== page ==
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Re: Hyperthreading problem with IRQ handling and scheduling

Sven Groot put forth on 3/4/2011 12:42 AM:

> My question then is twofold. Firstly, why are all interrupts being handled
> by the first CPU? 

You should read this:

> I checked the various /proc/irq/#/smp_affinity entries and
> they are all 0000ffff so that's not the issue. By changing the value in
> those files to a specific CPU I can get the interrupts to be handled by a
> different CPU, but that just moves the problem. No matter what I do, I can't
> get them to be handled by more than one CPU. I've tried running irqbalance
> but that also didn't help. Is there a way to prevent this interrupt CPU
> affinity, and if so would it fix my problem?

You can only divide interrupt processing by assigning IRQs to specific
CPUs.  You can't divide up the stream of interrupts in a round robin
fashion.  So if you have one device IRQ# that's generating all the
interrupts, there's not much you can do to fix this situation.

What device is generating these massive interrupts?  Network card or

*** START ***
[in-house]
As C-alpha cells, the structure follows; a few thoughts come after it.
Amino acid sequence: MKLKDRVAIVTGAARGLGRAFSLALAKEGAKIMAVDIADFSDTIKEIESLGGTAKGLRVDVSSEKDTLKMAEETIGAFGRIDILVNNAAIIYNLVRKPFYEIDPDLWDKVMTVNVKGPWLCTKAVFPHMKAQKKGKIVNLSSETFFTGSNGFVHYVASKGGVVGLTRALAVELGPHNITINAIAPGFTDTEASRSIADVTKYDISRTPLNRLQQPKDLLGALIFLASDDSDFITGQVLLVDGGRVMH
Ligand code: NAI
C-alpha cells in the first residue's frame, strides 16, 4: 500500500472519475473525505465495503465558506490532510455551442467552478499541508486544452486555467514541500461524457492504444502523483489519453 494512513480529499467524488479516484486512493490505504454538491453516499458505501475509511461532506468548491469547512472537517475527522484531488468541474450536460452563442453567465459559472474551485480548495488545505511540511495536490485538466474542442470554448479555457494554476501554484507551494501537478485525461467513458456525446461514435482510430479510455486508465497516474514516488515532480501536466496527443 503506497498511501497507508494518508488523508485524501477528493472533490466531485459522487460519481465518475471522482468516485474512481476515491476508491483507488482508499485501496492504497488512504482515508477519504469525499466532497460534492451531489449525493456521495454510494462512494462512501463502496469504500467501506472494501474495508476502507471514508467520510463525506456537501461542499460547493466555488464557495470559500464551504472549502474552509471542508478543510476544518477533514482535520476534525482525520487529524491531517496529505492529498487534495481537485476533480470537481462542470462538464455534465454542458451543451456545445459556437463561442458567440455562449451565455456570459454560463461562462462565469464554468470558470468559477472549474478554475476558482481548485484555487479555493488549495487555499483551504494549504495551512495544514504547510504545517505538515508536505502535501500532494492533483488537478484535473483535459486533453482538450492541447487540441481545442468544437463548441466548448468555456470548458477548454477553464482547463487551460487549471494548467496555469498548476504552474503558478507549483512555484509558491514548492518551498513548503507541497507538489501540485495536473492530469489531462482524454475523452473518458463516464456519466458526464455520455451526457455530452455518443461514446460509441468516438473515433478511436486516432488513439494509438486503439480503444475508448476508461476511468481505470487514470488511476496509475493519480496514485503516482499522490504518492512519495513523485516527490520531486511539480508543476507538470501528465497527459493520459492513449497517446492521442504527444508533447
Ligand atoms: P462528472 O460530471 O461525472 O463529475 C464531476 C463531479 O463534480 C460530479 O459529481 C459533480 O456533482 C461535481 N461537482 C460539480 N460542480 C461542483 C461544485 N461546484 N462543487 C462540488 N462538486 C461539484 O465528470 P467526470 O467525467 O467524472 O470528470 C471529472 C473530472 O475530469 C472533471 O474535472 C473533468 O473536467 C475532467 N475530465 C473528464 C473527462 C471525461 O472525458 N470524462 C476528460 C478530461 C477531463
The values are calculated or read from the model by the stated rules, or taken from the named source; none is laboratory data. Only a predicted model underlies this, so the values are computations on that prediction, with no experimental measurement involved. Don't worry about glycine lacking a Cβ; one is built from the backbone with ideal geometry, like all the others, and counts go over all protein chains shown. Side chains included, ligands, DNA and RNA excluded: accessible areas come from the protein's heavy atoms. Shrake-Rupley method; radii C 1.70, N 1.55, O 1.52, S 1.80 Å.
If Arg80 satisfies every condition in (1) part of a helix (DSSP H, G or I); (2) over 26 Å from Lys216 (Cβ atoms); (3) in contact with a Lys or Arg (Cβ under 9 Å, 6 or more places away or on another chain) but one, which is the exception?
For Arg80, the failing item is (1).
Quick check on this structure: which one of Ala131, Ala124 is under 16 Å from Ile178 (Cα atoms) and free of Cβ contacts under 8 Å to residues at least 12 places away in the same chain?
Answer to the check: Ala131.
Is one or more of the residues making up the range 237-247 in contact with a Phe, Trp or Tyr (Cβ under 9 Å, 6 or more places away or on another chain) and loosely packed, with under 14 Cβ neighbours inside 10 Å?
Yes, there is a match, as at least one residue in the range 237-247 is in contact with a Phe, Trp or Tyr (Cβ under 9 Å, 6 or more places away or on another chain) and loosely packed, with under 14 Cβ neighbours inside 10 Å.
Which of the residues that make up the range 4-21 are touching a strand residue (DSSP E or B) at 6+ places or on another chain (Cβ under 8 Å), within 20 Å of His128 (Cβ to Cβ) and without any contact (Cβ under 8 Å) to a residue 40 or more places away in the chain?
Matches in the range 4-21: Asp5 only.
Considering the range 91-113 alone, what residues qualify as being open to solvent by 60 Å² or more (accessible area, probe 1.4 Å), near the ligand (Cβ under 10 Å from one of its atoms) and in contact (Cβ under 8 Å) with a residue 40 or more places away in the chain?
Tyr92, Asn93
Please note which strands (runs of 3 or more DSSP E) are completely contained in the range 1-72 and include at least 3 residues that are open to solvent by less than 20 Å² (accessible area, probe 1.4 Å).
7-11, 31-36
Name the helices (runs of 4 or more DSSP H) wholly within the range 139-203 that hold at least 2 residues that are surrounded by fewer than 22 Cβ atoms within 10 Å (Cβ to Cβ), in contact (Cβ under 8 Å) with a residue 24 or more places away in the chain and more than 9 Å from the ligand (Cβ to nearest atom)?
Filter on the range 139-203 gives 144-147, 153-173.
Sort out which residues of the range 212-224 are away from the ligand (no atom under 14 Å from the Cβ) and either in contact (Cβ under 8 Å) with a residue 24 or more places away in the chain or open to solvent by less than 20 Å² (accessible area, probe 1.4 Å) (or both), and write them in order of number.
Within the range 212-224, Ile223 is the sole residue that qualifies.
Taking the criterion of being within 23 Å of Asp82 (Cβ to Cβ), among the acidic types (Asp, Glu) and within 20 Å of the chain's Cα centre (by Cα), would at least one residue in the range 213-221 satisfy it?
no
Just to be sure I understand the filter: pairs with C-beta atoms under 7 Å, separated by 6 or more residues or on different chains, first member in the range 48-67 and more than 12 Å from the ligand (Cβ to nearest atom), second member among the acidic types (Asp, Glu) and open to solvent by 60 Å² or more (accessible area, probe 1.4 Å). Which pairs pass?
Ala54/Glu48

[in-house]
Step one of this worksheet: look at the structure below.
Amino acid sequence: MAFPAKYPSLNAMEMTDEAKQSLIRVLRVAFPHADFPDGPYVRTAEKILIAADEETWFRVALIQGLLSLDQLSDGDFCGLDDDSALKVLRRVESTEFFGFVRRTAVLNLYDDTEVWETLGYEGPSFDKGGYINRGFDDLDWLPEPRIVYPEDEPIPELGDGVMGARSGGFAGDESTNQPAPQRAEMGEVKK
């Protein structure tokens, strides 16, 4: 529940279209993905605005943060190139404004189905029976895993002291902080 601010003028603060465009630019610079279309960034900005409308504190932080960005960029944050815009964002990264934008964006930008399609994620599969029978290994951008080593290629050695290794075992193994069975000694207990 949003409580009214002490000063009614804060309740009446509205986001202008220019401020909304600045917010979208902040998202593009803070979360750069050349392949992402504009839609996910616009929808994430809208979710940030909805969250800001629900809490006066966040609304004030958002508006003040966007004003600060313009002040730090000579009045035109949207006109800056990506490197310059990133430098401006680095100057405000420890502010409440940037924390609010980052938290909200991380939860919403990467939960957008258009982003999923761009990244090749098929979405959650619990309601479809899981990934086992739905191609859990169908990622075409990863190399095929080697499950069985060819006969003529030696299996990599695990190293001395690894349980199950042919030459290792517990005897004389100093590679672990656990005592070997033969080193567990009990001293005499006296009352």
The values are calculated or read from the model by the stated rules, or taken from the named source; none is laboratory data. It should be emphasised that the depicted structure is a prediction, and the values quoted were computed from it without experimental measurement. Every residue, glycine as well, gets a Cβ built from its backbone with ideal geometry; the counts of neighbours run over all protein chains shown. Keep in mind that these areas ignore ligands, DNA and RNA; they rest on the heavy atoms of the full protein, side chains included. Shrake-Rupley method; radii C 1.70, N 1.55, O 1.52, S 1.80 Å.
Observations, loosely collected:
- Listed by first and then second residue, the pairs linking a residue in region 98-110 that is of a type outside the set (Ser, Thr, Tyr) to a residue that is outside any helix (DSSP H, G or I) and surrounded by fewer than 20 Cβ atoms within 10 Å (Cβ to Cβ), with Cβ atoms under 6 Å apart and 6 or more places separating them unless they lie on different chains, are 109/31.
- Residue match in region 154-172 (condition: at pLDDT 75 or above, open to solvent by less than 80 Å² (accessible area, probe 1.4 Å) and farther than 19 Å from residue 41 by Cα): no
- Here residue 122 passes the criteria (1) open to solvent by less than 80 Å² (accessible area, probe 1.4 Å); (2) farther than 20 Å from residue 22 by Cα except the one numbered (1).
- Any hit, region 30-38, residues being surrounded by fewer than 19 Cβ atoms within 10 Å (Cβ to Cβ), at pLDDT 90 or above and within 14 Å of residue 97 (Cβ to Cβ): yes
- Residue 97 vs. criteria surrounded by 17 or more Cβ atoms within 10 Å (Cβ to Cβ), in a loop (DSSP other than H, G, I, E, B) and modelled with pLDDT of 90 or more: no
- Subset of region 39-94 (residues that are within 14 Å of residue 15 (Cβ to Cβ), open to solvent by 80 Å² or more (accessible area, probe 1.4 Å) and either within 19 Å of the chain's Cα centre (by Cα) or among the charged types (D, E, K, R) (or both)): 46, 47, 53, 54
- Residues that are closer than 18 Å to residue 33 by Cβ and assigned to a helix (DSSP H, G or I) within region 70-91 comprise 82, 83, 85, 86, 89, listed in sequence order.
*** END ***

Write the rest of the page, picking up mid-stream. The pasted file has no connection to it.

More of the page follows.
disk controller?  Note that PCIe NICs often have two interrupts, one for
transmit and one for receive.  I'm not sure about disk/RAID controllers.
 It would likely depend on the model.  In the NIC case you can stick
each IRQ# on a difference CPU.

Some motherboards route IRQ signals from given sets of slots to a given
CPU socket.  Read the documentation for your system board and find out
which slot IRQs are routed to which CPU sockets.  Simply moving a card
to another slot may help significantly if your high IRQ load is due to
multiple cards and not just one.

> Secondly, why does the scheduler not realize that satisfying natural
> affinity is not a good idea if the CPUs involved are logical siblings of
> each other on the same physical CPU? I thought that the Linux kernel was
> hyperthreading-aware and would take these kinds of things into
> consideration. Is this a true shortcoming of the scheduler, or is my system
> misconfigured somehow?

See my previous reply.  And do post about this on lkml.  You'll get more
thorough answers there.


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